Like so many 1960s stunners, "The Weight" has nearly been spoiled rotten by that culture-siphoning boom-boom-boomer trash The Big Chill, but the Robbie Robertson-penned tune is deeper and more biblical than pass-the-pain ibuprofen ideology.
I'm sure Sean Fennessey knows much more about music than I do, which is why he's more qualified to work at Pitchfork (but keeping the word "qualified" in mind, do yourself a favor and check out what one has to do to get a job writing for Pitchfork). I'll stand firm, however, that I probably know a little bit more about movies than this guy, and considering that The Big Chill is one of my favorites, I'd like to state that I think he's wrong.
I think it's rare for people of our generation to really get The Big Chill. In fact, most people only know about it because of the extremely popular soundtrack albums that our parents owned. Yes, some songs like "Ain't Too Proud to Beg" and "The Weight" have become associated with the film, but the music is just a small part of what makes the movie so good.
I feel like a lot of people I know haven't seen The Big Chill and already have a negative opinion of it because of a joke in High Fidelity. In that (much inferior) film, two characters list their top five songs about death. One picks "You Can't Always Get What You Want," and the other character replies, "No. Immediate disqualification because of its involvement with The Big Chill." If you haven't seen The Big Chill, then you don't get the joke. "You Can't Always Get What You Want" isn't necessarily about death, but a character plays it on the organ at the end of the funeral scene, and the Stones' original version plays over the soundtrack as the characters progress to the burial service. The joke in High Fidelity does not mean that The Big Chill is a shitty movie; it's a reference to how iconic the film's soundtrack has become.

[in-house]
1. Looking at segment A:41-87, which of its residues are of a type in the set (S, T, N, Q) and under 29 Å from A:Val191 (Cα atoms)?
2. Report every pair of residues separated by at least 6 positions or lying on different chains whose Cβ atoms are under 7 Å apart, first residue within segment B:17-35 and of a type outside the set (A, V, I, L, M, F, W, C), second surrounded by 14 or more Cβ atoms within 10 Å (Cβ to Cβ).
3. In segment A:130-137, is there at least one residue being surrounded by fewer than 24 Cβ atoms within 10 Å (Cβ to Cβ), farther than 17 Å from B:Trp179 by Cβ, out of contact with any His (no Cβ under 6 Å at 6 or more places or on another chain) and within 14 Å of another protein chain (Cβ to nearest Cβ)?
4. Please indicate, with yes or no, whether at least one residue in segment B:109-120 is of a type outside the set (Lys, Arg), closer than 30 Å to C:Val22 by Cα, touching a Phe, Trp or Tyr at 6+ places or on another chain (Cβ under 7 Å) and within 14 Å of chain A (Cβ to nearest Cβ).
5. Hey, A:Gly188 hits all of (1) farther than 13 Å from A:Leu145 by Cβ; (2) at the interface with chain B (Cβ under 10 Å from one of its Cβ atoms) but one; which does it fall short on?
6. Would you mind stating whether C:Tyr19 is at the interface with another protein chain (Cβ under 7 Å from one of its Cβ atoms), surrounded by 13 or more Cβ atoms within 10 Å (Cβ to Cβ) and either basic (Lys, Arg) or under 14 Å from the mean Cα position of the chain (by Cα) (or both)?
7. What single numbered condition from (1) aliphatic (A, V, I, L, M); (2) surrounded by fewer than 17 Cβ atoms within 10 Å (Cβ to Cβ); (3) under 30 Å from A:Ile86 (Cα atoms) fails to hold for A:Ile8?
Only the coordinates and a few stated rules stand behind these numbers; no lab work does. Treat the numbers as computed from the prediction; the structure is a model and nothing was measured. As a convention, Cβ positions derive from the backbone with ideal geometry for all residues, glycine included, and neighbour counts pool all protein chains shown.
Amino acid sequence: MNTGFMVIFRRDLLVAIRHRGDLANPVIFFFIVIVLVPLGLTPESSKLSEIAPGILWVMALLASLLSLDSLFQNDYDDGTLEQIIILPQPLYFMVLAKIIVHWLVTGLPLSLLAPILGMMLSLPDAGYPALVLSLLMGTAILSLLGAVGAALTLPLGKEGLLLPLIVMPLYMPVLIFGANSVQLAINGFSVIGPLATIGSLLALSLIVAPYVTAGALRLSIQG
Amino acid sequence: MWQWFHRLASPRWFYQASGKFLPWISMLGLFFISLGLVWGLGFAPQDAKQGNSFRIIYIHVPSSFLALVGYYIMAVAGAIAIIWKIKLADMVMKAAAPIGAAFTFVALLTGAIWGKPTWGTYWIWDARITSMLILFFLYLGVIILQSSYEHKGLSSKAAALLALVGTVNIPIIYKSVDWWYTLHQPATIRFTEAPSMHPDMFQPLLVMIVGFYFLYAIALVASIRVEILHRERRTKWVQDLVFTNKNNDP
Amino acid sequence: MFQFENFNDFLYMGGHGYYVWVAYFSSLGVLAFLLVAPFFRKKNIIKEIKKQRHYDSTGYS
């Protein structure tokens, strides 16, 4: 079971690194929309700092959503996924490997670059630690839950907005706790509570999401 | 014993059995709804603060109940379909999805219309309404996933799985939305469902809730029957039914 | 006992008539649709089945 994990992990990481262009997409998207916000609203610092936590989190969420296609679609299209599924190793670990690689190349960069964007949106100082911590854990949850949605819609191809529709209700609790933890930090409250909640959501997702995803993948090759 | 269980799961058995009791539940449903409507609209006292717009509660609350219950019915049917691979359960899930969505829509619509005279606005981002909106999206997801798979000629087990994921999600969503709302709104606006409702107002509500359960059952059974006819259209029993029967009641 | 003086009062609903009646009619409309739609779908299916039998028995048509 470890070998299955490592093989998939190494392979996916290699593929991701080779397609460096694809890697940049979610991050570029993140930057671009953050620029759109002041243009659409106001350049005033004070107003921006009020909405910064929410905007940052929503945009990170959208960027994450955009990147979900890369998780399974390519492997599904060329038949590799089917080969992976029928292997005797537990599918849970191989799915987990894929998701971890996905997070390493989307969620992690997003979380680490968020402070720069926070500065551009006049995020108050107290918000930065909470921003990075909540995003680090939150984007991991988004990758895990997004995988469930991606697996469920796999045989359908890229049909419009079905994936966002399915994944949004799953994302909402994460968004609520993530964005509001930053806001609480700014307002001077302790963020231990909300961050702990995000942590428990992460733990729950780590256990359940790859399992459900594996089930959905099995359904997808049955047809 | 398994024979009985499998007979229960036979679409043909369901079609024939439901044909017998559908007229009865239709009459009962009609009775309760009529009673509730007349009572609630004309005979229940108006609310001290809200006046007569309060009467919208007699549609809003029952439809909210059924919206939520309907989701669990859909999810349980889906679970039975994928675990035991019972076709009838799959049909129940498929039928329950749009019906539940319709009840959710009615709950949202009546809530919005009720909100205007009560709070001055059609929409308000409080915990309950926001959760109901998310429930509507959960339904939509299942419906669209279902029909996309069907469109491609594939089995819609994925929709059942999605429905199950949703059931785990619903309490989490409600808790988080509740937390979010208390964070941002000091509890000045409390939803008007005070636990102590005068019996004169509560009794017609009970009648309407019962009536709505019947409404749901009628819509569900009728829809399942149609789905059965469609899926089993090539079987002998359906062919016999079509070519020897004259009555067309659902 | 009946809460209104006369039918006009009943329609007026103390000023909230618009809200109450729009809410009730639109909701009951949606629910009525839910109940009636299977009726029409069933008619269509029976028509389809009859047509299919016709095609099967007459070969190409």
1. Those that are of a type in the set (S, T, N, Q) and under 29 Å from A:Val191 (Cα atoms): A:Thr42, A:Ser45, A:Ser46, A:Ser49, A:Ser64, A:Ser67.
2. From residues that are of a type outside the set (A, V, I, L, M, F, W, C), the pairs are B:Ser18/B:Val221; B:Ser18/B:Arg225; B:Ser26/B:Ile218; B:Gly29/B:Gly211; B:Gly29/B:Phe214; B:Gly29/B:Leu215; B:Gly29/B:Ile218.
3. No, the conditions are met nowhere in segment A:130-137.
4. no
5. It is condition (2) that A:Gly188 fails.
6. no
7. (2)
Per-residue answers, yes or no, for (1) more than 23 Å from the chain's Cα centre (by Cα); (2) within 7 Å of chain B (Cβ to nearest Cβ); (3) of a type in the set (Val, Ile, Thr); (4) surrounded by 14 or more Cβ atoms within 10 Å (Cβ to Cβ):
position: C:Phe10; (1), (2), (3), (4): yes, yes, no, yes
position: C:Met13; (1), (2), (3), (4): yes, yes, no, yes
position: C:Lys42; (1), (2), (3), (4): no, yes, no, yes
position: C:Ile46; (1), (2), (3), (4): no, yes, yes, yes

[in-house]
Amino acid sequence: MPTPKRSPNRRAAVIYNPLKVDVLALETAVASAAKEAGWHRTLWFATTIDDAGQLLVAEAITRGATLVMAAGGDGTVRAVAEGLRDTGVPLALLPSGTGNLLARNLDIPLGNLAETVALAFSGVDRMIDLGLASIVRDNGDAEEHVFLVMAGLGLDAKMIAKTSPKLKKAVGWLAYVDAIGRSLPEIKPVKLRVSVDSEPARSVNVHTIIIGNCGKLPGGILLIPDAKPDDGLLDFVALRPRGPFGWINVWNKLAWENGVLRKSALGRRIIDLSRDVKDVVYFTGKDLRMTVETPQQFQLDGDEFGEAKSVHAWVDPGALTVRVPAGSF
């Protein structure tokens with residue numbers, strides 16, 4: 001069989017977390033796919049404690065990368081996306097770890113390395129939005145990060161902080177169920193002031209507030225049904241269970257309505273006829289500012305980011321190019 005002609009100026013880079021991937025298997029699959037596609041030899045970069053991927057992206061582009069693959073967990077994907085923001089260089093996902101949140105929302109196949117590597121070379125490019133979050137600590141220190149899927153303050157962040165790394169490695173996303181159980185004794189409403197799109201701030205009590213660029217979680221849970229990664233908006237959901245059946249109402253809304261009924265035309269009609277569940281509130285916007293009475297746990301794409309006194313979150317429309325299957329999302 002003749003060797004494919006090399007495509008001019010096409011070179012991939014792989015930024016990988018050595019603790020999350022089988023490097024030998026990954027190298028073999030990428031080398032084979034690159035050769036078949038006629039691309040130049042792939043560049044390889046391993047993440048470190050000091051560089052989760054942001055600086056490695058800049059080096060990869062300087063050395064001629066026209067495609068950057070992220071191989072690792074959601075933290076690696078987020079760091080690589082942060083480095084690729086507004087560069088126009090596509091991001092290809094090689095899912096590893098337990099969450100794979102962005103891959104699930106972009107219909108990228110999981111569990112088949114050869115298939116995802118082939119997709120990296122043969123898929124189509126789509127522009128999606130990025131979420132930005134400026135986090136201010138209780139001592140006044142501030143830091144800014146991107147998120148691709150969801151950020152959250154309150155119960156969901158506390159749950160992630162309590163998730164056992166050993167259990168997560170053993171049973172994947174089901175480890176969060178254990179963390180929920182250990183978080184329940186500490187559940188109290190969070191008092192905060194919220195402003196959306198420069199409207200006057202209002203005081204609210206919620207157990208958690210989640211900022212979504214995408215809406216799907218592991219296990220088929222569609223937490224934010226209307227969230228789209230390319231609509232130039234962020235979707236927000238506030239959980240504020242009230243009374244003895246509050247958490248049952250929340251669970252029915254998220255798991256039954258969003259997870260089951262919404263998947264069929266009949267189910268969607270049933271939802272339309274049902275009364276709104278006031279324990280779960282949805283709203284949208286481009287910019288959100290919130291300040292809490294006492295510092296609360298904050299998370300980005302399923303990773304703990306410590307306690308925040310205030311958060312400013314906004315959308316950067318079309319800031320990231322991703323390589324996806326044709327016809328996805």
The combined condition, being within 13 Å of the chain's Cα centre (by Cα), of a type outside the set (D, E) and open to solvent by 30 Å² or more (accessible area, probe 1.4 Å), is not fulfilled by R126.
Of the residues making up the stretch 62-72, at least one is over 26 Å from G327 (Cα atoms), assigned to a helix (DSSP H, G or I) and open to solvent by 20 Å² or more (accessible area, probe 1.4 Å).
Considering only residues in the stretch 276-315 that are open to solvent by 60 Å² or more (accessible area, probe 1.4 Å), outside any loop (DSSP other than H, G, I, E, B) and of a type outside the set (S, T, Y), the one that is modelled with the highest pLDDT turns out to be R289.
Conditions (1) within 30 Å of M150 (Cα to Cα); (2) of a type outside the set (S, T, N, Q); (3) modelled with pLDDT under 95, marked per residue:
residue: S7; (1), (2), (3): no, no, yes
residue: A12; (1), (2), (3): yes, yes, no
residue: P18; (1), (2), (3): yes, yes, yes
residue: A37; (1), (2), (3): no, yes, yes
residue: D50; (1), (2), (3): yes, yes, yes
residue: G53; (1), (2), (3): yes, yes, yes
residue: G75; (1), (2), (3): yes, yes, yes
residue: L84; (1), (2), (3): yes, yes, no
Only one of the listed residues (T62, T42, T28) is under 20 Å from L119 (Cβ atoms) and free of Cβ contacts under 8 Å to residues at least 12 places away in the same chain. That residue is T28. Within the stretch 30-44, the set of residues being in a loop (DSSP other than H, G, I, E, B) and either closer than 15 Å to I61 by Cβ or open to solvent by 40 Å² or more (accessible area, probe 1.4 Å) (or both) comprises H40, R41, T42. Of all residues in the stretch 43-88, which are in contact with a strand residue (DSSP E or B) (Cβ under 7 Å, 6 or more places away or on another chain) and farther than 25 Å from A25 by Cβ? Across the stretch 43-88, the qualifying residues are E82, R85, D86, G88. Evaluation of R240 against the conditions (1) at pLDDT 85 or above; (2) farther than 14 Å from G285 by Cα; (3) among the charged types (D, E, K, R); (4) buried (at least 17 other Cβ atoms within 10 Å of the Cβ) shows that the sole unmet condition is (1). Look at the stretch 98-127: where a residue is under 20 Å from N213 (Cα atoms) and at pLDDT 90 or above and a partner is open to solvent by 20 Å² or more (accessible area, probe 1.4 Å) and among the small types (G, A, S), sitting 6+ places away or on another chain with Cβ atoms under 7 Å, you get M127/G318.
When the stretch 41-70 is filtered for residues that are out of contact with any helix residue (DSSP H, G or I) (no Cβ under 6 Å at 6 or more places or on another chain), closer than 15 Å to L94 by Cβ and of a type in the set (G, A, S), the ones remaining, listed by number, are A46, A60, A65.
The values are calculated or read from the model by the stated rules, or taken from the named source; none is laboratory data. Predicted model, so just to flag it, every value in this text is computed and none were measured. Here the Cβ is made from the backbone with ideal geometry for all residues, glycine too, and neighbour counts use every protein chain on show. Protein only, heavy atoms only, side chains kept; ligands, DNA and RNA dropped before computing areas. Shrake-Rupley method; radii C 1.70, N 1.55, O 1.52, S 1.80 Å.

People in their 20s may have negative reactions to the film basically because it is an honest portrayal of how youthful idealism eventually evolves into middle-aged apathy and realism. The main characters in the film are middle-class, WASPy college friends who reunite after years of infrequent contact when their friend suddenly commits suicide. What follows is a long weekend where they realize how they’ve aged and how their ideals and expectations have changed dramatically since college. It’s a pretty important film for it’s time (it was released in 1983) because it showed a generation still haunted by the ‘60s. It’s still prevalent today; it’s arguable whether or not the current events are as turbulent as Vietnam or the Civil Rights Movement, and the people of our generation are certainly not as politically active as our parents’. The film does, however, still give an extremely honest view of what most of us will be like when we’re in our early ‘40s. It’s a depressing thought, but let’s be honest. Look at Dennis Hopper, who wrote and directed the quintessential film of the ‘60s counter-culture; he’s a Republican and he supports the Bush administration. I’m not saying that all of us are going to change our political ideology that drastically, but I am admitting that when you get out of college, enter the real world, and start families and realize that you actually have some responsibilities that involve others depending upon you, you lose sight of your trendy idealism.
In closing, I want to say that I respect people who have opinions that are different that mine, considering those opinions are actually based on thought and experience rather than a pretentious writing style. Honestly, the phrases used to describe the film (“culture-siphoning boom-boom-boomer trash” and “pass-the-pain ibuprofen ideology”) really mean nothing. But honestly, it’s Pitchfork, and even though they usually report the news well and their reviews are pretty on-target, the writing style will always be unprofessional and hollow.